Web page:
Evolution of Scholarly Communication

The field of scholarly communication has undergone significant change in recent years, with the introduction of digital technologies, financial pressures for academic institutions, and increased competition. As the environment shifts, the CISP works to identifying and understanding new challenges and opportunities that present themselves, in order to improve the processes of knowledge dissemination. 

Below are some of our ongoing projects in the area:

  • In 2014, the Andrew W Mellon Foundation launched a broad-based initiative to help move scholarly monographs into the digital age. The Mellon Foundation invited John Maxwell and CISP to provide an external evaluation of the funding initiative and help make sense of the variety of activity in this area. Our final report (May 2016) was based on consultations with the various grantees and the monograph publishing community across North America, and appeared in the Journal of Electronic Publishing 20 (1) [also available as a PDF].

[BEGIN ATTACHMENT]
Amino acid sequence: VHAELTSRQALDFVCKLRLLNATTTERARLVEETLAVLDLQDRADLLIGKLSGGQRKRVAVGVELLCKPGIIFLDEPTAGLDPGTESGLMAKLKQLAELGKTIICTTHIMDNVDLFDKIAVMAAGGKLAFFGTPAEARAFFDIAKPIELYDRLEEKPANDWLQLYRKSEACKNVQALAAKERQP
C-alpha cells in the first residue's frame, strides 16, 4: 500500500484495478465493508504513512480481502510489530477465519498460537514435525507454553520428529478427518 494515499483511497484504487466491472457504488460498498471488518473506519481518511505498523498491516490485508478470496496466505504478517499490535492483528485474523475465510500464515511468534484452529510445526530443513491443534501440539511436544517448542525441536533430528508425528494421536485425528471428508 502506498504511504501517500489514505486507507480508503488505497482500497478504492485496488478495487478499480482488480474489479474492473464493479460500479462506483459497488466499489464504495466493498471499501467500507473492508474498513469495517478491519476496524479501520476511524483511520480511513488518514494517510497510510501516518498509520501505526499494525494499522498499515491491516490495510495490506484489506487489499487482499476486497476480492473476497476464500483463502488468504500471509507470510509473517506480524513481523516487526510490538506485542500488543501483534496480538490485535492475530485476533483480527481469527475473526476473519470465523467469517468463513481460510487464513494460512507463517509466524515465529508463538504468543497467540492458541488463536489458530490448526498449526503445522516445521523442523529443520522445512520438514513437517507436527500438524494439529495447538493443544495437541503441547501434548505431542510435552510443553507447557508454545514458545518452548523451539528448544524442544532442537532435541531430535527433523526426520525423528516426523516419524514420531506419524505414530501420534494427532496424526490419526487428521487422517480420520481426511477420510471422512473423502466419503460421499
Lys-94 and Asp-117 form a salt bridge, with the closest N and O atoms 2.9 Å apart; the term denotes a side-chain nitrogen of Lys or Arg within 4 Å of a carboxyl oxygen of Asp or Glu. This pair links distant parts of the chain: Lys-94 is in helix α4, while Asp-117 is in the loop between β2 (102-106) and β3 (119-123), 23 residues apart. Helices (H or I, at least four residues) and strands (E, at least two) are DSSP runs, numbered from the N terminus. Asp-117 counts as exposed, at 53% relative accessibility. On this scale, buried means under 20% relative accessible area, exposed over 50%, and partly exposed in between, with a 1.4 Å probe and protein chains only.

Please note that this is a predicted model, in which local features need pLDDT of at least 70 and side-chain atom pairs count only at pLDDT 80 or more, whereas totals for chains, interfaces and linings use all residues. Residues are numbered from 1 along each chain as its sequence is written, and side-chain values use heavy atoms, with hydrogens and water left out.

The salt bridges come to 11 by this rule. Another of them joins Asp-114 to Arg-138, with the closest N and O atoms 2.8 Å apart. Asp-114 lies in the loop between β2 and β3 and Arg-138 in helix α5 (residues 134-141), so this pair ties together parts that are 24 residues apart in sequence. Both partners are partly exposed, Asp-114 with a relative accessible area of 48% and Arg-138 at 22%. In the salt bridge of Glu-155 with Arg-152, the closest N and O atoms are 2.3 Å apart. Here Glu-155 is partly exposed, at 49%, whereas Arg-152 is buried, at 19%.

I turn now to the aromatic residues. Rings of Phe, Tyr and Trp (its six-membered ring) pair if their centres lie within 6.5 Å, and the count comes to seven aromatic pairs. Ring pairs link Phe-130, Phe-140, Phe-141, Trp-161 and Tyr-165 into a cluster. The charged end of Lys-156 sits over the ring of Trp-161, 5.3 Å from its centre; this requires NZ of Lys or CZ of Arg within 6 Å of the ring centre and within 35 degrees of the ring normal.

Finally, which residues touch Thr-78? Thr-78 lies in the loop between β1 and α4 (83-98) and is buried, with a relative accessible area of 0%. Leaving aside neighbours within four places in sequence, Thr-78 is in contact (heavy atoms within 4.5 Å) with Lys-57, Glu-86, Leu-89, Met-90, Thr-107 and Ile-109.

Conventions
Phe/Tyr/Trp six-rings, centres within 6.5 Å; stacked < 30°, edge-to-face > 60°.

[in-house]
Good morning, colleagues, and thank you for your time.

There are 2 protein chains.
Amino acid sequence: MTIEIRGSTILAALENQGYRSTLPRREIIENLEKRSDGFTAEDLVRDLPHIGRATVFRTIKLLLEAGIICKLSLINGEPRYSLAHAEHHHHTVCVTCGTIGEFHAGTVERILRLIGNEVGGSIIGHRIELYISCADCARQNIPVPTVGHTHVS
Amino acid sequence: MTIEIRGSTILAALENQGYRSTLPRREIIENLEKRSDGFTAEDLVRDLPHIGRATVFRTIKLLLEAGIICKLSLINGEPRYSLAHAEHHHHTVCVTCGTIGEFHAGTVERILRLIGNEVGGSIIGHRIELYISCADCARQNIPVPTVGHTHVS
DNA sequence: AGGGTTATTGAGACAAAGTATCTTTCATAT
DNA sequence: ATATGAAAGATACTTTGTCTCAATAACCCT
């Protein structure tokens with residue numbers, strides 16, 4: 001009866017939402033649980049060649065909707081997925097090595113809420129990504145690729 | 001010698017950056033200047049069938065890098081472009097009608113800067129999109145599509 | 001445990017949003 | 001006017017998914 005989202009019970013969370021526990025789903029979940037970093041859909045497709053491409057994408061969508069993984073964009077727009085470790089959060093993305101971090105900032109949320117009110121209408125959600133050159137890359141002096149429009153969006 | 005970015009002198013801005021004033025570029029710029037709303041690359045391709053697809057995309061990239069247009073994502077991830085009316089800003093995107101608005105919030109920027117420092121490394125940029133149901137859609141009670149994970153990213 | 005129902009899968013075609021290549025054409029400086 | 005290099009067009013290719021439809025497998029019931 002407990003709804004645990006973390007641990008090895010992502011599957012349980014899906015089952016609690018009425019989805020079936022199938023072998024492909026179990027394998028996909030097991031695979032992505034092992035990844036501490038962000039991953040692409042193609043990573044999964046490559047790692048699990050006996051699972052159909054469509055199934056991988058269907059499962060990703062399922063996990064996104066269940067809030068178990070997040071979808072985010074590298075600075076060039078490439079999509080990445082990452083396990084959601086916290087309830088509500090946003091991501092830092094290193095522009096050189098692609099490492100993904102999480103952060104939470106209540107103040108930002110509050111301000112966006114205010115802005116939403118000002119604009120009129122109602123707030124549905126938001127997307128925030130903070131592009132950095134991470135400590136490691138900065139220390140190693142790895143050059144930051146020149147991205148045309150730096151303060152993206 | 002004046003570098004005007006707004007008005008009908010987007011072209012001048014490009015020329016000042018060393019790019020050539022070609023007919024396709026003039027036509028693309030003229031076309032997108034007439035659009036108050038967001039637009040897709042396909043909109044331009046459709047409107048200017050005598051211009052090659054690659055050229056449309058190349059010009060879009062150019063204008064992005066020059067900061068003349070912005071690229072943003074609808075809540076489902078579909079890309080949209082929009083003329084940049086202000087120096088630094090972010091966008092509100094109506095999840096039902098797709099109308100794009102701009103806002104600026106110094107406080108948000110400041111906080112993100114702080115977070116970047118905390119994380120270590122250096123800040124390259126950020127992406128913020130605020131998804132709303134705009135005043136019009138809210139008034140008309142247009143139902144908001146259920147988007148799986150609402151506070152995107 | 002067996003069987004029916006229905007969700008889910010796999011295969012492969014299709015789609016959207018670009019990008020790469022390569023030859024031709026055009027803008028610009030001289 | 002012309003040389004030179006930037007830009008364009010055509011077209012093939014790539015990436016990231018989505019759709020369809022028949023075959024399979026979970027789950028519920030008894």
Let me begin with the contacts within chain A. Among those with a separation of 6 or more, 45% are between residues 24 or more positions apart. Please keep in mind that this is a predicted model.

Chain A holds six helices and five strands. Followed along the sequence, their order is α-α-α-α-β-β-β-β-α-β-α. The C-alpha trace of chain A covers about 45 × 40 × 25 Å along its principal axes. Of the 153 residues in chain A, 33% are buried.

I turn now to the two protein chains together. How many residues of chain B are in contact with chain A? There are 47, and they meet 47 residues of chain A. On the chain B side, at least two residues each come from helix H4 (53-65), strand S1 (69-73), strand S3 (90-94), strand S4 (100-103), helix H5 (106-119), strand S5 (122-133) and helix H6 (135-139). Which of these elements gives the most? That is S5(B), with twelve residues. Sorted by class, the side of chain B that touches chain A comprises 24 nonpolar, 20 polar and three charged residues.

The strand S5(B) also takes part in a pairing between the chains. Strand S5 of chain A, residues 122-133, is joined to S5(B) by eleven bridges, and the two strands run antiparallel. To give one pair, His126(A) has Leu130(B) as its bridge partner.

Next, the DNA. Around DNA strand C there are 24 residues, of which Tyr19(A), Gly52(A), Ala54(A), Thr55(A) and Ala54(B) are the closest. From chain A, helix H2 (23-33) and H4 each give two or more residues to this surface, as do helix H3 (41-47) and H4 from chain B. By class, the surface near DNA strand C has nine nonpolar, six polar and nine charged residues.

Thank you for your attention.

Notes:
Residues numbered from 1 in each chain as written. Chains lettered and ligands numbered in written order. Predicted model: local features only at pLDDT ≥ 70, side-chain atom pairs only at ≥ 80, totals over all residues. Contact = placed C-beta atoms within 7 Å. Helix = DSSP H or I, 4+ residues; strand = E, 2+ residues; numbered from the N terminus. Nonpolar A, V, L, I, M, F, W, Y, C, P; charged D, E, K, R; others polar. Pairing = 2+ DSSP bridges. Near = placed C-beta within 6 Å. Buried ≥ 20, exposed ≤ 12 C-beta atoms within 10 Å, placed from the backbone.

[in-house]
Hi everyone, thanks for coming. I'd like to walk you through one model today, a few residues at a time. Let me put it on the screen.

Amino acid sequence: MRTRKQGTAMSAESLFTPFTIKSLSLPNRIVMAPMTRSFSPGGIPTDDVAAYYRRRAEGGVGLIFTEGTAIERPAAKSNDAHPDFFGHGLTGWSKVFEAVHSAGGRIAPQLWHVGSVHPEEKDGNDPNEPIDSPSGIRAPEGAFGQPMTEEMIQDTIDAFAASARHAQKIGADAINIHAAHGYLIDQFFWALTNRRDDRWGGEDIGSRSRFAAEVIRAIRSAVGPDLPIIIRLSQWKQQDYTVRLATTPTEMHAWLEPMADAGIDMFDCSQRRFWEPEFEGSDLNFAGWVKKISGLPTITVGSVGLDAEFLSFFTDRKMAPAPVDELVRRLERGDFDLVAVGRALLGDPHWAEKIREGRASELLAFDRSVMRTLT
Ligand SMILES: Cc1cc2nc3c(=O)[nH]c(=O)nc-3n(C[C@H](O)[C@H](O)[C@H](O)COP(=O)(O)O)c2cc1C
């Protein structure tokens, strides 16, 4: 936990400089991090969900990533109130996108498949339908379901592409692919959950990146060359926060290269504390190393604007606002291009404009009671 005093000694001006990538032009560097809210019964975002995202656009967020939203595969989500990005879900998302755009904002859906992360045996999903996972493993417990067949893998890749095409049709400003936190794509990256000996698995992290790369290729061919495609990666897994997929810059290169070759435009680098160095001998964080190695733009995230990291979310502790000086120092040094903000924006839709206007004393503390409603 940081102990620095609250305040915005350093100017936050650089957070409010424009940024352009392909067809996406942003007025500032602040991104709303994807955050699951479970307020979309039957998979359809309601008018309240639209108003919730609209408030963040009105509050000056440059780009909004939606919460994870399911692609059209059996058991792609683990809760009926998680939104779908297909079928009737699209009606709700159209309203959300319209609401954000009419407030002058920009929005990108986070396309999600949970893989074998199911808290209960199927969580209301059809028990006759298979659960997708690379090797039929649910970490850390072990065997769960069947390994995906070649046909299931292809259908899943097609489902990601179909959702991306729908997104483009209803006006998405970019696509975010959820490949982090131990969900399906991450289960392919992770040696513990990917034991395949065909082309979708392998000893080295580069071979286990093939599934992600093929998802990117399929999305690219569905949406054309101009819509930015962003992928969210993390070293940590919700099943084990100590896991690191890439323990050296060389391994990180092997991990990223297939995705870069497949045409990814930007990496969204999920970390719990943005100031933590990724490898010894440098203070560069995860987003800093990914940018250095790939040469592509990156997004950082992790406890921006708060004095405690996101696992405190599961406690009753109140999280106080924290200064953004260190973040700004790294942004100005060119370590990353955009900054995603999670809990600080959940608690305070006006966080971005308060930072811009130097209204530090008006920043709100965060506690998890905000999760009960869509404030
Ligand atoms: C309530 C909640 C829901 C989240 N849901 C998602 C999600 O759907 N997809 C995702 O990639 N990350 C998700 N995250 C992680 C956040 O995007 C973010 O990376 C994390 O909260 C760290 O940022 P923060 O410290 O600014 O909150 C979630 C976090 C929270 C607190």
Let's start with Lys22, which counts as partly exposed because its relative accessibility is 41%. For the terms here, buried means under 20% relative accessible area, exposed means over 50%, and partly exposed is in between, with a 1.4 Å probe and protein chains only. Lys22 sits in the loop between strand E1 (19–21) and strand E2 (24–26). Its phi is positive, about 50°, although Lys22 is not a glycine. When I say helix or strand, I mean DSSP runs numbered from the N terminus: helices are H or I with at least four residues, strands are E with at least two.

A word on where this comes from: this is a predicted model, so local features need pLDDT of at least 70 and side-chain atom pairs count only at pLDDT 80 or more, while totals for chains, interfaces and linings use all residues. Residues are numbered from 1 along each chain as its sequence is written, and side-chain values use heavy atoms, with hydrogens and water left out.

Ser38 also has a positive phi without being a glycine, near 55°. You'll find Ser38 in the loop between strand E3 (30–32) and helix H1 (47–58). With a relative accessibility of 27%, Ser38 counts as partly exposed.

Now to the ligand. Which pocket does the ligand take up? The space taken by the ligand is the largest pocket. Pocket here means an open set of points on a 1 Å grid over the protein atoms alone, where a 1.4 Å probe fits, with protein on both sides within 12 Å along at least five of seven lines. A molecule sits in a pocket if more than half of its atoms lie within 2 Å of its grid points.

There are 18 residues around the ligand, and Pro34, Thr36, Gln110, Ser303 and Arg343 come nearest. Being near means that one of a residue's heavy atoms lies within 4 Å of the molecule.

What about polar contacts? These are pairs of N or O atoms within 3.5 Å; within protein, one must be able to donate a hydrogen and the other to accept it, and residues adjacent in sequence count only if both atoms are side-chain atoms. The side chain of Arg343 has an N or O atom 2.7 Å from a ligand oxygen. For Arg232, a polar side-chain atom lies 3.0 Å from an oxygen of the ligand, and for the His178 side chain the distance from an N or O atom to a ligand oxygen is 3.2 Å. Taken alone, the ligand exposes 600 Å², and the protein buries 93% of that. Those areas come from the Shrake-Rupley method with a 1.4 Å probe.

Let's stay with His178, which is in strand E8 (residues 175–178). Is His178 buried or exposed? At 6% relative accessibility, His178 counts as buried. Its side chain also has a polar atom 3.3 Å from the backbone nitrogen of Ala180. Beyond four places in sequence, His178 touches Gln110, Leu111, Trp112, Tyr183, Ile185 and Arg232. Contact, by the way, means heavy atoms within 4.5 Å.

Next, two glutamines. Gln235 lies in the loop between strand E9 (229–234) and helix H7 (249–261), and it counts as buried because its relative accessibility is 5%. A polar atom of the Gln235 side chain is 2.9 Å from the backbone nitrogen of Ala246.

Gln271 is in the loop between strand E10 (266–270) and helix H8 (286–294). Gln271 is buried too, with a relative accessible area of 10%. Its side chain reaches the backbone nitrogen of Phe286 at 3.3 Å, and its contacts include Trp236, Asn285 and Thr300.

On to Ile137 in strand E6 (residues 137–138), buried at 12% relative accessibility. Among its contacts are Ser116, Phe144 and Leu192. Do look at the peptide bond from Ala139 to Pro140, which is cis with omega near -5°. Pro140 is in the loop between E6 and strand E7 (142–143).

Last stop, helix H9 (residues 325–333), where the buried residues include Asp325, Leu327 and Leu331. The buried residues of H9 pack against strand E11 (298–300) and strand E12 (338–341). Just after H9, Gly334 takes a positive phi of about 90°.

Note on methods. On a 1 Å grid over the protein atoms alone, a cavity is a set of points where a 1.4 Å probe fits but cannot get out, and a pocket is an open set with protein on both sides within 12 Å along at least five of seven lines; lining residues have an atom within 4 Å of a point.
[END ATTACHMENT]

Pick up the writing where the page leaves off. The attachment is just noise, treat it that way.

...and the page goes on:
• In 2018 CISP began a second study, under the auspices of a grant from MIT Press, to conduct a landscape analysis of available open-source publishing software. This report is designed to make sense of a very complex and dynamic field and to help guide project planning and development decisions across the community going forward.
  • Advances in digital media have transformed the nature of scholarly communication, offering novel ways for academics to share their research and connect with different audiences. Among them is the podcast, an increasingly popular but under-researched form of knowledge sharing. In collaboration with Siobhan McMenemy, Senior Editor at Wilfrid Laurier University Press, SFU’s Hannah McGregor is working to devise a new editorial methodology for the evaluation, editorial and production revision, peer review, and design and dissemination of scholarly podcasts. An assistant professor in SFU’s publishing department, McGregor is also the host and producer of Secret Feminist Agenda—the first podcast to have undergone the rigorous peer evaluation process.
  • CISP is an active partner with the Implementing New Knowledge Environments (INKE) research group (based at the University of Victoria). This multi-year, cross-Canada initiative seeks to prototype new forms of open, networked, scholarly communication via ‘publication in practice.’ How can a networked scholarly community like INKE capture its own ongoing discourse, rendering it durable, citable, and reliable? How does ongoing scholarly communication in the humanities transform the research process itself?